It would be just as much a mistake to lump all Pure Land traditions together as to lump all meditation traditions together. You would probably learn a lot talking with Ven. Heng Sure, a serious meditator who would give you a much different perspective on the notion of Pure Land.

One point that you hone in on, the difference between jiriki (自力) and tariki (他力) is one where some Shin Buddhists would go so far as to claim that Zen practice is actually defiled and ego-based (although I'm sure these guys don't believe that). I am sure that some people ascribe to the views that arise from your own "child-like understanding"—but my gut reaction is: so what?


Oh! The links didn't appear!

Ven. Heng Sure: http://paramita.typepad.com/

Dharma Realm (Shin Buddhists): http://www.dharmarealm.com/


If I can offer my two cents on your final point, from the point of view of a Shin Buddhist practitioner, it sometimes helps to see Shinran's words in the larger context of Mahayana Buddhism. When we do this, it seems to me that his take on Buddhism takes certain, basic Buddhist concepts and pushes them to the extreme.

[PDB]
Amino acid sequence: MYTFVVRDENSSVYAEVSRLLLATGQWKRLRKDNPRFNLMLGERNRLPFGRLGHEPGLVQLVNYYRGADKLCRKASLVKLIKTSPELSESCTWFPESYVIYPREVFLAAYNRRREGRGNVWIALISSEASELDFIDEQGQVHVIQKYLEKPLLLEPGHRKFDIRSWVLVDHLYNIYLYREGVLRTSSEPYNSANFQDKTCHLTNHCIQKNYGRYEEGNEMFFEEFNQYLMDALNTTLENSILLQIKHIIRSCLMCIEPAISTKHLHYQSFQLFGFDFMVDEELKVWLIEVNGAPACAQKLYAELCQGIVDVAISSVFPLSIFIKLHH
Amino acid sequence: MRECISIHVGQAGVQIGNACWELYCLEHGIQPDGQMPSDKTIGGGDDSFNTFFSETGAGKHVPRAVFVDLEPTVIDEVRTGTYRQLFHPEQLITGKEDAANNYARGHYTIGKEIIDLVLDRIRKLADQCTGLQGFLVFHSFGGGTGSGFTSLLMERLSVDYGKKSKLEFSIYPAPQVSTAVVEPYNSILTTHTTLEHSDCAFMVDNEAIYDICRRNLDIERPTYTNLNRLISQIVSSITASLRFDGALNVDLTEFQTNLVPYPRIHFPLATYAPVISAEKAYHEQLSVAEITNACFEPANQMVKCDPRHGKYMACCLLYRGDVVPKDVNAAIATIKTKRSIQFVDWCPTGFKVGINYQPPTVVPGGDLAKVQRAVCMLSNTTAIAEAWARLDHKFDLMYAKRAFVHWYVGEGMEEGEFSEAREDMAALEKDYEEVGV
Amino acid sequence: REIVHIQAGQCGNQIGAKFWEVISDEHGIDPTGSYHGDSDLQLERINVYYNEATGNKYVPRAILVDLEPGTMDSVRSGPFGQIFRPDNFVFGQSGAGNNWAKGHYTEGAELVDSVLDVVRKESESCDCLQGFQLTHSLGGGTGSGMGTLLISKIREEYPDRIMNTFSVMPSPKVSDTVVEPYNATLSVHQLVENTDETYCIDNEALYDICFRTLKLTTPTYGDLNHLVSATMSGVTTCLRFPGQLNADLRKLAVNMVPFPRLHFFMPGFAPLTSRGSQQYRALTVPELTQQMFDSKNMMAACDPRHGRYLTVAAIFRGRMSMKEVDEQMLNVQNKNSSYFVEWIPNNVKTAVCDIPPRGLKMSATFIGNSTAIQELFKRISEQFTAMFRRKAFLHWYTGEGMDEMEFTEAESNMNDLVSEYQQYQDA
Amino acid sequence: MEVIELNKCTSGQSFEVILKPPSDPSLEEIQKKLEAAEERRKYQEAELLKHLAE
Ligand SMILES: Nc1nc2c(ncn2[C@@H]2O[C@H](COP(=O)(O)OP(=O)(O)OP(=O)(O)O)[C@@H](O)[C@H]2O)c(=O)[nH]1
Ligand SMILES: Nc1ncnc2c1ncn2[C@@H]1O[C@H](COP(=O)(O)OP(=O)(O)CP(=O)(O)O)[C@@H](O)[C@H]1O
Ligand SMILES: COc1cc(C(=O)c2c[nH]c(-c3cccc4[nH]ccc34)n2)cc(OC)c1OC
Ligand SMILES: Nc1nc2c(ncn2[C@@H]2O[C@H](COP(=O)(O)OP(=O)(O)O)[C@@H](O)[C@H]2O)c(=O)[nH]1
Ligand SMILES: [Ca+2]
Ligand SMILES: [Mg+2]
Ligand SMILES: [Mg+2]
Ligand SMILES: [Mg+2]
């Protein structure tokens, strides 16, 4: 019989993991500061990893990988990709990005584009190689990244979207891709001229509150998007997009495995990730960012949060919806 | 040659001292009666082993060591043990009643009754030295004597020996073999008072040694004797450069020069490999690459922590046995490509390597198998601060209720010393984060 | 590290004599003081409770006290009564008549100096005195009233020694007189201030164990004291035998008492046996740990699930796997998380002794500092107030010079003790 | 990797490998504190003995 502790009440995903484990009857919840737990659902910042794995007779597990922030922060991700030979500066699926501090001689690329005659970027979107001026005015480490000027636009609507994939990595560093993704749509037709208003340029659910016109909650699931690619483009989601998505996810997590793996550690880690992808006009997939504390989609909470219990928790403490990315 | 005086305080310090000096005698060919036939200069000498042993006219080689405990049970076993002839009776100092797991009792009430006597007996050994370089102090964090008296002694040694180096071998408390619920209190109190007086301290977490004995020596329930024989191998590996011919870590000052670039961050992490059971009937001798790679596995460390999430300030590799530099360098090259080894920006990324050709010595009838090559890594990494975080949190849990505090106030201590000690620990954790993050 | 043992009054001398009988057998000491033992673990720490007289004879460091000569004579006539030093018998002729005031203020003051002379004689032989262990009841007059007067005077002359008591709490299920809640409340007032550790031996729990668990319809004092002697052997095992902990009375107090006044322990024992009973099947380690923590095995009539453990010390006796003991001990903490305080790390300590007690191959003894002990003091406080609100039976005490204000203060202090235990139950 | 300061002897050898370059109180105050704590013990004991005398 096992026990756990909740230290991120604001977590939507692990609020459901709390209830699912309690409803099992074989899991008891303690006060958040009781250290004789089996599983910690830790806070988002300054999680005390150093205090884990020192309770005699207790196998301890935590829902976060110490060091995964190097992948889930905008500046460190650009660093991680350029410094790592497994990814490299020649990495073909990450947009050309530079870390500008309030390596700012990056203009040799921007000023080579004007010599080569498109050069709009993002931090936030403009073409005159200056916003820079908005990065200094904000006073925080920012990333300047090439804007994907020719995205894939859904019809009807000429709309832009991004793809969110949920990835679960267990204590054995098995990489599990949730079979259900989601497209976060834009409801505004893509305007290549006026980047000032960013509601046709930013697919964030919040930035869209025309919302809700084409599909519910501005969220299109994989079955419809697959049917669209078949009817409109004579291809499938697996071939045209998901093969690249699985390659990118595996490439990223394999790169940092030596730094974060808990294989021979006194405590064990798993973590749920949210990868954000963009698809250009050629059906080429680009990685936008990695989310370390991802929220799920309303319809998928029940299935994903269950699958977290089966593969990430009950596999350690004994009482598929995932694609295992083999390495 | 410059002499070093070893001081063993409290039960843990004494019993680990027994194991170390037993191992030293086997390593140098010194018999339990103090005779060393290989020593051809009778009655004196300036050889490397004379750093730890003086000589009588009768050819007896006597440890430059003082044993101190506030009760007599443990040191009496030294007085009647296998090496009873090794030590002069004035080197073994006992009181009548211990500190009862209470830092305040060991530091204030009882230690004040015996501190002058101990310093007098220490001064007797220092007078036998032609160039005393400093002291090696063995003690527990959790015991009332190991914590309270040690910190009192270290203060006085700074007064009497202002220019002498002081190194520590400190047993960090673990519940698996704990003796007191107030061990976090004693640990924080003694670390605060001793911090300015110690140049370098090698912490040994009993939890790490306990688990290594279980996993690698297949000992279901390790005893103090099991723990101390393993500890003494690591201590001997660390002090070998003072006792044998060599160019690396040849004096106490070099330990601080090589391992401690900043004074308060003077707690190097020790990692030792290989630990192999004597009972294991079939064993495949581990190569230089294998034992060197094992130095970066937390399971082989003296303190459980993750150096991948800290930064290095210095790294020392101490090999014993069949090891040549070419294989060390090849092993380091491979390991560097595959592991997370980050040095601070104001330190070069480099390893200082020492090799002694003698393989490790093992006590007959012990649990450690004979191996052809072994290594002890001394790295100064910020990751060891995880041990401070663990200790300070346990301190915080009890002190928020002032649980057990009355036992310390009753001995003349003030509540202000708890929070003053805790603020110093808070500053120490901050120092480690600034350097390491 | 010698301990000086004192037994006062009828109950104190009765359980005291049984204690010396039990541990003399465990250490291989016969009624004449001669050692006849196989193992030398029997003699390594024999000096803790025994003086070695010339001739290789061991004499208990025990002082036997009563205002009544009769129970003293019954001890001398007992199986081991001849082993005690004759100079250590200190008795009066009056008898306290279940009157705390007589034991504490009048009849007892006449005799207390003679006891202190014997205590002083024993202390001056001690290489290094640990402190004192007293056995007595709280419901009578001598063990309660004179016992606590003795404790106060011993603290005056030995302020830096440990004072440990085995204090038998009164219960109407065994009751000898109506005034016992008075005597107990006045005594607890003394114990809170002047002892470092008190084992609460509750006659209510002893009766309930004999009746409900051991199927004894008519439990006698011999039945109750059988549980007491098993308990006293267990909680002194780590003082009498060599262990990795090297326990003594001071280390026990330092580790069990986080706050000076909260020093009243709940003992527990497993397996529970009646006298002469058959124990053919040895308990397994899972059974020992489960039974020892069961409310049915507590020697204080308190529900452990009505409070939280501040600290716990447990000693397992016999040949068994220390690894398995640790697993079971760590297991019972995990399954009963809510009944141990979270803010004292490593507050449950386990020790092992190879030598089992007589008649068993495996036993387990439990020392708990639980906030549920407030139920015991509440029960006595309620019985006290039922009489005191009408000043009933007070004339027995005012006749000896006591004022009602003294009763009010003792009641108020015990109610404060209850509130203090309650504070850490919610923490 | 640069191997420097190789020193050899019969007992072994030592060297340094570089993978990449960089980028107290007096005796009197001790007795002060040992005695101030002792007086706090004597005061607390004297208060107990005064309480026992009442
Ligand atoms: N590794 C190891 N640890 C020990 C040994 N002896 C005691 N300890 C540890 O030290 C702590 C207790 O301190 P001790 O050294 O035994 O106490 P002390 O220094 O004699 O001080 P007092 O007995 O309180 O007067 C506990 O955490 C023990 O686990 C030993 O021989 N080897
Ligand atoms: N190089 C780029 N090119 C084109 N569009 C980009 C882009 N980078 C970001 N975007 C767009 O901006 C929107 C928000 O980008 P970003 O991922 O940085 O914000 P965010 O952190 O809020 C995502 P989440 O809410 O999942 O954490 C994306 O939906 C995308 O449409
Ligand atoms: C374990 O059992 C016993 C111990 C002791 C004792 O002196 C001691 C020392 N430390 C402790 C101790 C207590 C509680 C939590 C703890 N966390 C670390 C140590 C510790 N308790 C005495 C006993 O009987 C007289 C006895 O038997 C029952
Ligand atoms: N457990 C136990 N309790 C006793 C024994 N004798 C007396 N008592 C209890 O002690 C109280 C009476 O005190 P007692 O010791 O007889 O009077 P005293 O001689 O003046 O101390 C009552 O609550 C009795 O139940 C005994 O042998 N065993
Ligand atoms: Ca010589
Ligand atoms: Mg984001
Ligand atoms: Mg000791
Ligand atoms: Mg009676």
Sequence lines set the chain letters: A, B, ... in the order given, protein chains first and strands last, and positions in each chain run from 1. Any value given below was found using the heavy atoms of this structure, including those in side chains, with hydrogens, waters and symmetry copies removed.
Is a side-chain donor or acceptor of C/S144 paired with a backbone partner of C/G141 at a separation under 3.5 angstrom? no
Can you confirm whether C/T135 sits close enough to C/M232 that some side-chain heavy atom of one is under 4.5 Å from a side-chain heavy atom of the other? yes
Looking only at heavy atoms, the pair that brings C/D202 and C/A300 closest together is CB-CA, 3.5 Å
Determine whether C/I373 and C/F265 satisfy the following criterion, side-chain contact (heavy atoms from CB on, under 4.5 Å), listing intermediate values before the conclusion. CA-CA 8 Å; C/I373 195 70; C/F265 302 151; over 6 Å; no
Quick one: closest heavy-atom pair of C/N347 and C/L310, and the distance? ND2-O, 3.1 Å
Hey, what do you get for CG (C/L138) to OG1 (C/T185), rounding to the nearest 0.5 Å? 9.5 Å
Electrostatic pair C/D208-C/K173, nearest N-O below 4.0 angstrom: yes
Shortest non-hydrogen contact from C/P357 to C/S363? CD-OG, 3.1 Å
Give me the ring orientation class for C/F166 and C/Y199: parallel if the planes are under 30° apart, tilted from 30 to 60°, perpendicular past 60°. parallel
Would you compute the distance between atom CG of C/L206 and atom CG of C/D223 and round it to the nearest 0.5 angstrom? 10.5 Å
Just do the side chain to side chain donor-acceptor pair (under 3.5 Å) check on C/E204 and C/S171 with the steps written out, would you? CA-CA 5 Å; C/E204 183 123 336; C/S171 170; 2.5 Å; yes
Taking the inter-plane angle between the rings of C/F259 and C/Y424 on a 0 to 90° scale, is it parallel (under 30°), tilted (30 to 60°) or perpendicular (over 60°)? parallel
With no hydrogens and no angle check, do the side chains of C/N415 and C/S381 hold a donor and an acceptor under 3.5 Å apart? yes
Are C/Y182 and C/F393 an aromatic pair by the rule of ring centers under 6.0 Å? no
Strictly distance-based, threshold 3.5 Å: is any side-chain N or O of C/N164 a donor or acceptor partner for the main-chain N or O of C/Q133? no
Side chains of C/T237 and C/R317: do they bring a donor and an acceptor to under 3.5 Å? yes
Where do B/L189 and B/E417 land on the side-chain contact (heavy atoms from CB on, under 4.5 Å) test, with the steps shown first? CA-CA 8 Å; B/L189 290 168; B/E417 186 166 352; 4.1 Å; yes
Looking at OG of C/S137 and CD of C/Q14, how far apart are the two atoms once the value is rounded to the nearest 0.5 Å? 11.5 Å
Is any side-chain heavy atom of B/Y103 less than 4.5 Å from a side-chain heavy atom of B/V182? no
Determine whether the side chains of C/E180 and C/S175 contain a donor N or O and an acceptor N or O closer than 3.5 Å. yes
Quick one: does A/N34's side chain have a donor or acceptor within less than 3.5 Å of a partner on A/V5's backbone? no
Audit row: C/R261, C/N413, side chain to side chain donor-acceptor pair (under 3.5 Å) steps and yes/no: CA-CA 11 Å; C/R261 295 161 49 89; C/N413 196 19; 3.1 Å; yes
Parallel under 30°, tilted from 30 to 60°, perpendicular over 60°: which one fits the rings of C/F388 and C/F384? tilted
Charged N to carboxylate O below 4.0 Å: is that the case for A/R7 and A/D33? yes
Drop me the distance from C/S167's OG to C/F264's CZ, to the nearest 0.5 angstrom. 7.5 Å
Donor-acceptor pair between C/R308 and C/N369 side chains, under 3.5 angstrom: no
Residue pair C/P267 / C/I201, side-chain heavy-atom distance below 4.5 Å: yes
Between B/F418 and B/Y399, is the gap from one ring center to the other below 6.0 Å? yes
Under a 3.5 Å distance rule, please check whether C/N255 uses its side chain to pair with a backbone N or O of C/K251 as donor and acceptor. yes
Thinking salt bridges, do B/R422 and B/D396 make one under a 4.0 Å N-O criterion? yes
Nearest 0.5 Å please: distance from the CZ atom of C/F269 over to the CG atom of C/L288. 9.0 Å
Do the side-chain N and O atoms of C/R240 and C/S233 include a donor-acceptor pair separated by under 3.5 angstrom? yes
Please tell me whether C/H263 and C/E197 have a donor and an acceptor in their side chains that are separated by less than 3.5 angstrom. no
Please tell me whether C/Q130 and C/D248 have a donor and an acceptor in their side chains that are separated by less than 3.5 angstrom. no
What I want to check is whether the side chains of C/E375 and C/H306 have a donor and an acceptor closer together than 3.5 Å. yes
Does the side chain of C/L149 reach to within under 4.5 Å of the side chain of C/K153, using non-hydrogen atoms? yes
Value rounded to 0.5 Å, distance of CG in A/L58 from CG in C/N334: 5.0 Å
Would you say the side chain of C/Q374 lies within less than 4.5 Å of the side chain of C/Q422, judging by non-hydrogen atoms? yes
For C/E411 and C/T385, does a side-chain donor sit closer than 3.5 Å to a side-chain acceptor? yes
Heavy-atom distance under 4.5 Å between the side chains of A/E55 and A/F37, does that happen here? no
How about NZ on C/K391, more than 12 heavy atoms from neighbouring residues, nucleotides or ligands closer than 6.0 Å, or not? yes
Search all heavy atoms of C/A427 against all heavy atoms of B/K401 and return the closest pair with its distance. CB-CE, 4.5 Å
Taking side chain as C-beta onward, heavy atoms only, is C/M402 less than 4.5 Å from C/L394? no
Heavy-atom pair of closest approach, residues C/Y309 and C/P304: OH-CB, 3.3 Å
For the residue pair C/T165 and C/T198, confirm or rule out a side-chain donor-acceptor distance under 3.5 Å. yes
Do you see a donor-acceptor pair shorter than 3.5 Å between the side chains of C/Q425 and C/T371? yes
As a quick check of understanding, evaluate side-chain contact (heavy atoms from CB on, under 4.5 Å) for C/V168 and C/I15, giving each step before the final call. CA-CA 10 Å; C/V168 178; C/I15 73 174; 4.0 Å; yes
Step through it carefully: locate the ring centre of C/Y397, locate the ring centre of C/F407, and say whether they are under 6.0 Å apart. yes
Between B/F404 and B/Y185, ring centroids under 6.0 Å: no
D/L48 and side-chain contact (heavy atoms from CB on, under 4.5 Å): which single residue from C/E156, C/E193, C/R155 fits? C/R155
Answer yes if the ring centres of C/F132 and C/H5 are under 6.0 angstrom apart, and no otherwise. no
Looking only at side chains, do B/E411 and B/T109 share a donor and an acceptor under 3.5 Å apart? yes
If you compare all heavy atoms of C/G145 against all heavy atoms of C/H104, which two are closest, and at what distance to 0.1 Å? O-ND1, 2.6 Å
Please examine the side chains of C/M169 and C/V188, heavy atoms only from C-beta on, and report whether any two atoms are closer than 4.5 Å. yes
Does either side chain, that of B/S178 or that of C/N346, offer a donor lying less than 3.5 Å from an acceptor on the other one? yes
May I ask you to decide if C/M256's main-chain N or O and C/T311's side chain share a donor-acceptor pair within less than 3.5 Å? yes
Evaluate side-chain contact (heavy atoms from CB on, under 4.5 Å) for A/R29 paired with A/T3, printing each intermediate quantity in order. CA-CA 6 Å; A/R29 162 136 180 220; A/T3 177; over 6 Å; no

For example, the reason that I cannot attain shinjin (or awakening for that matter) is simply because "I" don't exist. If we take the doctrine of anatman seriously, then there is nothing that "I" can do to facilitate my own awakening because, in the final analysis, that attachment to the very notion of "self" is precisely what's keeping me from coming into contact with the fundamental aspect of all reality (Amida Buddha's compassion, for Shinran; bodhicitta or Buddha nature for others).

Another way to approach the subject is to consider that there is nothing that I, as an individual, do to accomplish awakening -- or anything else for that matter. Shinran seems to be stressing the fundamental interconnectedness we have with the world around us. And this is certainly something I've heard from the Dharma Talks of many Shin Buddhist ministers here in the States. That is, we're not able to "go it alone"; no matter how long we do any "self-powered" practices, at the end of the day, the only reason we're able to accomplish anything is because of the support of teachers, friends, the community, hearing the Dharma, the very air we breath. It's at this point that we realize that it wasn't really "me" doing anything, but "us" -- despite the dualistic tone of "other power" v. "self power."